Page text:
Assiniboine River Basin Initiative continues to make progress

The Assiniboine River Basin Initiative holds its second annual conference to discuss cross-border water issues

Illegal drainage in Saskatchewan topped the concerns for Manitoba representatives at the recent second annual Assiniboine River Basin Initiative (ARBI) conference here.

The conference drew more than 100 representatives from Manitoba, Saskatchewan and North Dakota to discuss mutual water-management concerns.

The conference titled ‘Co-ordinate, Collaborate, Act: Leading the way to water solution with a basin-wide strategy,’ included a number of panel and breakout group sessions focusing on water-management issues for agriculture and industry in the region.

“The importance of (ARBI) filling a gap in the Assiniboine River Basin at a grassroots level cannot be overstated,” Minister of Municipal Government Drew Caldwell told the meeting. “We all know from experience about the issues of flooding, of drought and water quality. These are issues that are vitally important to everyone living in the basin.”

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Members are positive about progress and feel the collaboration will be the most effective way to handle watershed issues, said ARBI chair Dr. Allan Preston.

“As I look back over the past two years it is truly amazing how far we have come in such a short space of time,” Preston said. “The concept of the ARBI was to fill a gap that existed in the large Lake Winnipeg basin and now it is a reality. We have a united voice coming forward from this very large watershed that will be able to cover all water issues.”

New Saskatchewan legislation

For most Manitoba participants, illegal drainage in Saskatchewan was a major concern.

According to the Saskatchewan Water Security Agency, approximately 100,000 to 150,000 quarter sections of Saskatchewan farmland have illegal drainage.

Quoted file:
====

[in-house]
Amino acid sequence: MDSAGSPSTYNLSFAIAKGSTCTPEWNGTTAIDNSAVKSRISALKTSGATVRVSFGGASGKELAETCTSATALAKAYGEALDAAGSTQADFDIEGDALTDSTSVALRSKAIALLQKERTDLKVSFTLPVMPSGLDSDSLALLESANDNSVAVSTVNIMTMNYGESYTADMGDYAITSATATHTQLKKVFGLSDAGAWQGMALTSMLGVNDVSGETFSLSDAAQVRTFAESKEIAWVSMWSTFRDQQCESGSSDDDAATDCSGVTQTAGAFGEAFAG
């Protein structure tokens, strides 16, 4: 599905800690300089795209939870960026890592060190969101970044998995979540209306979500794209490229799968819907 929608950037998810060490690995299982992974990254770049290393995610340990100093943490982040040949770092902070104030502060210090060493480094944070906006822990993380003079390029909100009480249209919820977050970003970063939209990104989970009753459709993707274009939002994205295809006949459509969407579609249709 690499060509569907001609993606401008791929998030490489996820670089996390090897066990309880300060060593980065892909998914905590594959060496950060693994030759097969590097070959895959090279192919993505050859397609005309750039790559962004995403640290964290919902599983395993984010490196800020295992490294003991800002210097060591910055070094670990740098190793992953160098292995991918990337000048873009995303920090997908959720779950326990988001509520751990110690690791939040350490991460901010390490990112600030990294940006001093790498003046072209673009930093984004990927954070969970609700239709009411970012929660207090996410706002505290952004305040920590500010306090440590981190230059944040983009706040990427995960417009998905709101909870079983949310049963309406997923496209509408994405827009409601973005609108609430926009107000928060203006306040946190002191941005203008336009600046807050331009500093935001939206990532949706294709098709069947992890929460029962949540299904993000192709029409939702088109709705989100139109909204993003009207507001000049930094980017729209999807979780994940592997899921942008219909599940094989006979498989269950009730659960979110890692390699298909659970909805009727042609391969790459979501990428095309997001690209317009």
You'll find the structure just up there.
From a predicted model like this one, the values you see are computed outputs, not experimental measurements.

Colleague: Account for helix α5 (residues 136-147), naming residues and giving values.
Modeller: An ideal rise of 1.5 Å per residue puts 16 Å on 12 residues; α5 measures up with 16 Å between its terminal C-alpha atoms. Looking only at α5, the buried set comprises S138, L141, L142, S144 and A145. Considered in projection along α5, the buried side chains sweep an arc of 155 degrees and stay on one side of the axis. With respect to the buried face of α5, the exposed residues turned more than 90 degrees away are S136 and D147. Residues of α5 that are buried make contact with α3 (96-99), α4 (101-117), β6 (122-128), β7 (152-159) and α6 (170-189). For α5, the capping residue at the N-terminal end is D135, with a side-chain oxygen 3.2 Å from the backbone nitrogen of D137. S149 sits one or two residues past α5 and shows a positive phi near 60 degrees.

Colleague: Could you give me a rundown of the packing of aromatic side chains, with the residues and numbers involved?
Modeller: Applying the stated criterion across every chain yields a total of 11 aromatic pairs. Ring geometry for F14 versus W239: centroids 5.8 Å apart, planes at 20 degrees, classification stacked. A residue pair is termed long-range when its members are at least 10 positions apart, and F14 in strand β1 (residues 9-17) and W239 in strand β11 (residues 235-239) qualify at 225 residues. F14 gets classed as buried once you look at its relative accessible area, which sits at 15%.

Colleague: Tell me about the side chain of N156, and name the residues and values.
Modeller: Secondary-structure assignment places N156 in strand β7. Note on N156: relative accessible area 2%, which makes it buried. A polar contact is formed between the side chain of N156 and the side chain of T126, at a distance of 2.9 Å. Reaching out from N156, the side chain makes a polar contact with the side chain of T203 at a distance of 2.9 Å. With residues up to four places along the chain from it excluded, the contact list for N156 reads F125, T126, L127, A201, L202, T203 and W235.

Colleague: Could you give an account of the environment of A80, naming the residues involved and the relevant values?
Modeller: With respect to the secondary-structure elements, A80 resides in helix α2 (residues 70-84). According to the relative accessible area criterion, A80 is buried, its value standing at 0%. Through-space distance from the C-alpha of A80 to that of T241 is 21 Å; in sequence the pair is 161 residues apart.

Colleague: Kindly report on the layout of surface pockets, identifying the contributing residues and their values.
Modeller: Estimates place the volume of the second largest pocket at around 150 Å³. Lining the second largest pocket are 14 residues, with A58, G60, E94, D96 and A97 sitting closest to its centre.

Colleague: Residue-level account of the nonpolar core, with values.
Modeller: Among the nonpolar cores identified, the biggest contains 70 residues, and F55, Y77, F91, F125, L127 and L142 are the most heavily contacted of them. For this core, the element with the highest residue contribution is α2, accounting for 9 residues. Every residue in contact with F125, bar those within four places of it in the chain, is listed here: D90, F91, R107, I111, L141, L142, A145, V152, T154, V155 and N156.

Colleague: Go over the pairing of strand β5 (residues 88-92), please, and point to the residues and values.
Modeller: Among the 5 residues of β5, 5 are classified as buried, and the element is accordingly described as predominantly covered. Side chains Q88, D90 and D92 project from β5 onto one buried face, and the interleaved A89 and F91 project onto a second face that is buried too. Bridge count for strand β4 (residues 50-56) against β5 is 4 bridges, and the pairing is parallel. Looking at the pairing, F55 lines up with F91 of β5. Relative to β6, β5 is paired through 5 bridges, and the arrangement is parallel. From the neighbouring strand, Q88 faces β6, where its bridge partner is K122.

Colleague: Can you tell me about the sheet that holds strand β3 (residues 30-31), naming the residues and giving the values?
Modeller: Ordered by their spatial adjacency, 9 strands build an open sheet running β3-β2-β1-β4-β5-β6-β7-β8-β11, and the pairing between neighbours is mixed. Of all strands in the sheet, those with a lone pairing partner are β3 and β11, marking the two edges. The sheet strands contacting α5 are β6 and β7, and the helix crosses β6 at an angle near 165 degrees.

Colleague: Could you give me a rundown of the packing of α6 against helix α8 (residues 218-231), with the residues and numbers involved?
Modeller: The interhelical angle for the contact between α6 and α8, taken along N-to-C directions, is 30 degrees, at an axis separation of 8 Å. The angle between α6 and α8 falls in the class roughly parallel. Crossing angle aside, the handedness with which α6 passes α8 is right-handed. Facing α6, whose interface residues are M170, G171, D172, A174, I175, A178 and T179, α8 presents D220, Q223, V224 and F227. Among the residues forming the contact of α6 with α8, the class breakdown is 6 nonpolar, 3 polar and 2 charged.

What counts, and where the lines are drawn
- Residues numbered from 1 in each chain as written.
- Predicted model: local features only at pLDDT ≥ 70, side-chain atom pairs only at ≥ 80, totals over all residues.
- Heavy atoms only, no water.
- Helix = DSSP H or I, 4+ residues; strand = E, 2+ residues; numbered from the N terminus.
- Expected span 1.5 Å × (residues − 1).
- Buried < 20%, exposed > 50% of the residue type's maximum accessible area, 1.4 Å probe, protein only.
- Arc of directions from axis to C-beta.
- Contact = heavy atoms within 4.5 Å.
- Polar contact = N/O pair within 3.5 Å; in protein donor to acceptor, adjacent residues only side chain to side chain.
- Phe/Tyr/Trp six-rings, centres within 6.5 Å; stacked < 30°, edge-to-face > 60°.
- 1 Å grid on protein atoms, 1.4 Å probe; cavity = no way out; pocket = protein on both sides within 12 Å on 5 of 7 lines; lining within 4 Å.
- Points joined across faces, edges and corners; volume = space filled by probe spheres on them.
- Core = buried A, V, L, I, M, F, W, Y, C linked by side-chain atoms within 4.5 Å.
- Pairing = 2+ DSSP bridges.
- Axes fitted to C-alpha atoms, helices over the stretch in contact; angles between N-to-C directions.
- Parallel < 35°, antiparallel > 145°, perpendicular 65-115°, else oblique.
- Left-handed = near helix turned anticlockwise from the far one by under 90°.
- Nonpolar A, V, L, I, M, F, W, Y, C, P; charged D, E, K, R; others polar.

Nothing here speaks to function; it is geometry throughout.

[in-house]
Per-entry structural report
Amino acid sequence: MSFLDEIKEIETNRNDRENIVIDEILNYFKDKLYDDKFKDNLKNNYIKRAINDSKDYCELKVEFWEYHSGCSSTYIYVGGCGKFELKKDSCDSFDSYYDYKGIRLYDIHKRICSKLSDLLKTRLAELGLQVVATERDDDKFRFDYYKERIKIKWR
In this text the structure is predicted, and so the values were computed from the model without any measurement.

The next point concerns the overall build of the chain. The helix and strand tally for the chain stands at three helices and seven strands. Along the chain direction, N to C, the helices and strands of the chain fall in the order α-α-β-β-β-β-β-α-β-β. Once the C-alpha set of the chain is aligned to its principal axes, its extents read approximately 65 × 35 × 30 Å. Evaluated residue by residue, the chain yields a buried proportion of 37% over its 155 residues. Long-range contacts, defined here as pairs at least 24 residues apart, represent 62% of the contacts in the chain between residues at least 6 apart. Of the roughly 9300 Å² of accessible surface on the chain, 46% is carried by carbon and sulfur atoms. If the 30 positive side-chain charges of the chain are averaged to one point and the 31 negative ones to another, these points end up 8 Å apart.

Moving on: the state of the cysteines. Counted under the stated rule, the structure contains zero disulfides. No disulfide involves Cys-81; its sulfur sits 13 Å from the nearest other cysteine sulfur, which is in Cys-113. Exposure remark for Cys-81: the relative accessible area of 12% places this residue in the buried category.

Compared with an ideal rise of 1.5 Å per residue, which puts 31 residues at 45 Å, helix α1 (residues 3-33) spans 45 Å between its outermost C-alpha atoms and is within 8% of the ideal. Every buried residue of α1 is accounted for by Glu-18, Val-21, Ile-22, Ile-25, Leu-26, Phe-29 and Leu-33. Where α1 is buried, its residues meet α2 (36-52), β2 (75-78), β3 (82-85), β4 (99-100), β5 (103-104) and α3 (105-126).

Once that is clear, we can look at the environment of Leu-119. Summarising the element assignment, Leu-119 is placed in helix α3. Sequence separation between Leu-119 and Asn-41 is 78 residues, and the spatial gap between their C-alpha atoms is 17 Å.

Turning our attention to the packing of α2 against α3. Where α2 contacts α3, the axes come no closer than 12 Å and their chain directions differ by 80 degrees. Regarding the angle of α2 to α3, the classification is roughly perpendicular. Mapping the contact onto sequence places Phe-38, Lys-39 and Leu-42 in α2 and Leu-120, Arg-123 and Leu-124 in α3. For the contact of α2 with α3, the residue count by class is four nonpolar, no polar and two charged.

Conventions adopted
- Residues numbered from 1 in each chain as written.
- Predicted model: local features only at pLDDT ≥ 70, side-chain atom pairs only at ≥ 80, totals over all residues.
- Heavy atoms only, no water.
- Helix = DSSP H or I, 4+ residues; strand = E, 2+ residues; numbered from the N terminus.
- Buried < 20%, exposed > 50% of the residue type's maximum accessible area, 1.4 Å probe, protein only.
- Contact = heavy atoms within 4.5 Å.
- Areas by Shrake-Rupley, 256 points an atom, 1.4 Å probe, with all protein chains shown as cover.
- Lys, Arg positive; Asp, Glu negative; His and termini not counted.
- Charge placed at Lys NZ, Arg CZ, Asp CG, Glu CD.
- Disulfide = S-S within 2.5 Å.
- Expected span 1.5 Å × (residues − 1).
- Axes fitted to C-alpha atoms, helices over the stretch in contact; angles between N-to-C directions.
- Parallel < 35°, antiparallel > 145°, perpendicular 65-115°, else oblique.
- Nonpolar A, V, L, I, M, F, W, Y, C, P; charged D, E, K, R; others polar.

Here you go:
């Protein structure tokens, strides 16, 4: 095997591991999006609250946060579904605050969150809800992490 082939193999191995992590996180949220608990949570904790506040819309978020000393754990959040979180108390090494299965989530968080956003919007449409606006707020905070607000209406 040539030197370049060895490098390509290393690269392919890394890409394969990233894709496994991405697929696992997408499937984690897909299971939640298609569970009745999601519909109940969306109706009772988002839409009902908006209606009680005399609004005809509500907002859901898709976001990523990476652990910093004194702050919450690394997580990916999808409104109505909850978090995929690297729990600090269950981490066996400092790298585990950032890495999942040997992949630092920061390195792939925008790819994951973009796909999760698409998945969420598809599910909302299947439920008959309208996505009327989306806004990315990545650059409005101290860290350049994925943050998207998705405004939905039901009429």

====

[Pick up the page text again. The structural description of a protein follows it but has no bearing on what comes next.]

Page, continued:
Doug Johnson, director of regional services with the Water Security Agency (WSA) of Saskatchewan, described Saskatchewan’s new drainage legislation, which was implemented in September.

“Formerly any projects constructed prior to 1981 didn’t require approval and that is problematic because you have an old project that still causes the same impacts,” Johnson said. “We figure that at least 95 per cent of the drainage works that are in the province are not licensed or authorized.”

Johnson said the new legislation with heavier penalties and better enforcement will be phased in over the next few years with the goal of bringing the entire province into compliance within a decade.

“Our early focus will be in the high-risk basins. The larger-impact projects in the higher-risk basins are going to have more scrutiny and we are going to put more resources towards dealing with those particular approvals and projects first,” Johnson said.

New requirements

Under the new requirements all drainage activity is required to obtain approval or will be closed. Before approval is granted, the drainage must be assessed for impacts on flooding, water quality and habitat loss.

“This will be a risk-based system and we are going to be considering things on a watershed scale and a project-type scale. In terms of that, we have to consider downstream flooding, what the damage is, neighbour to neighbour but also the cumulative impacts,” said Johnson. “We feel this new approach will be fair for all concerned, for both those draining and the people impacted by the drainage.”

New projects or new approvals will also require mitigation measures in order to reduce impacts.

“We are going to expect people to put storage structures, gates, limited discharge capacity on the slough outlets, culverts and other things to slow down or store water on the landscape,” Johnson said.

Land control requirements have also been relaxed, allowing landowners to use agreements as evidence of land control, rather than use of easements.

Looking forward

Attendees were also provided with a prediction of future conditions on the Prairies from keynote speaker Danny Blair, associate dean of the faculty of science at the University of Winnipeg.

Blair, whose main research interests are climate variability and change in Canada’s western interior, said models suggesting climate variability is likely to increase on the Prairies in the coming decades, causing both water surpluses and shortages to become even more problematic.

“There is a pretty good consensus among the models about what is going to happen in the future,” said Blair. “All of the models are saying warmer temperatures; none of the models are saying cooler for any season, but there is variance across the models in terms of precipitation. However, we know that whether drought or flooding, water issues are going to become more dramatic and pre-emptive attention is necessary.”

About the author


Jennifer Paige

Jennifer Paige is a reporter centred in southwestern Manitoba. She previously wrote for the agriculture-based magazine publisher, Issues Ink and was the sole-reporter at the Minnedosa Tribune for two years prior to joining the Manitoba Co-operator.



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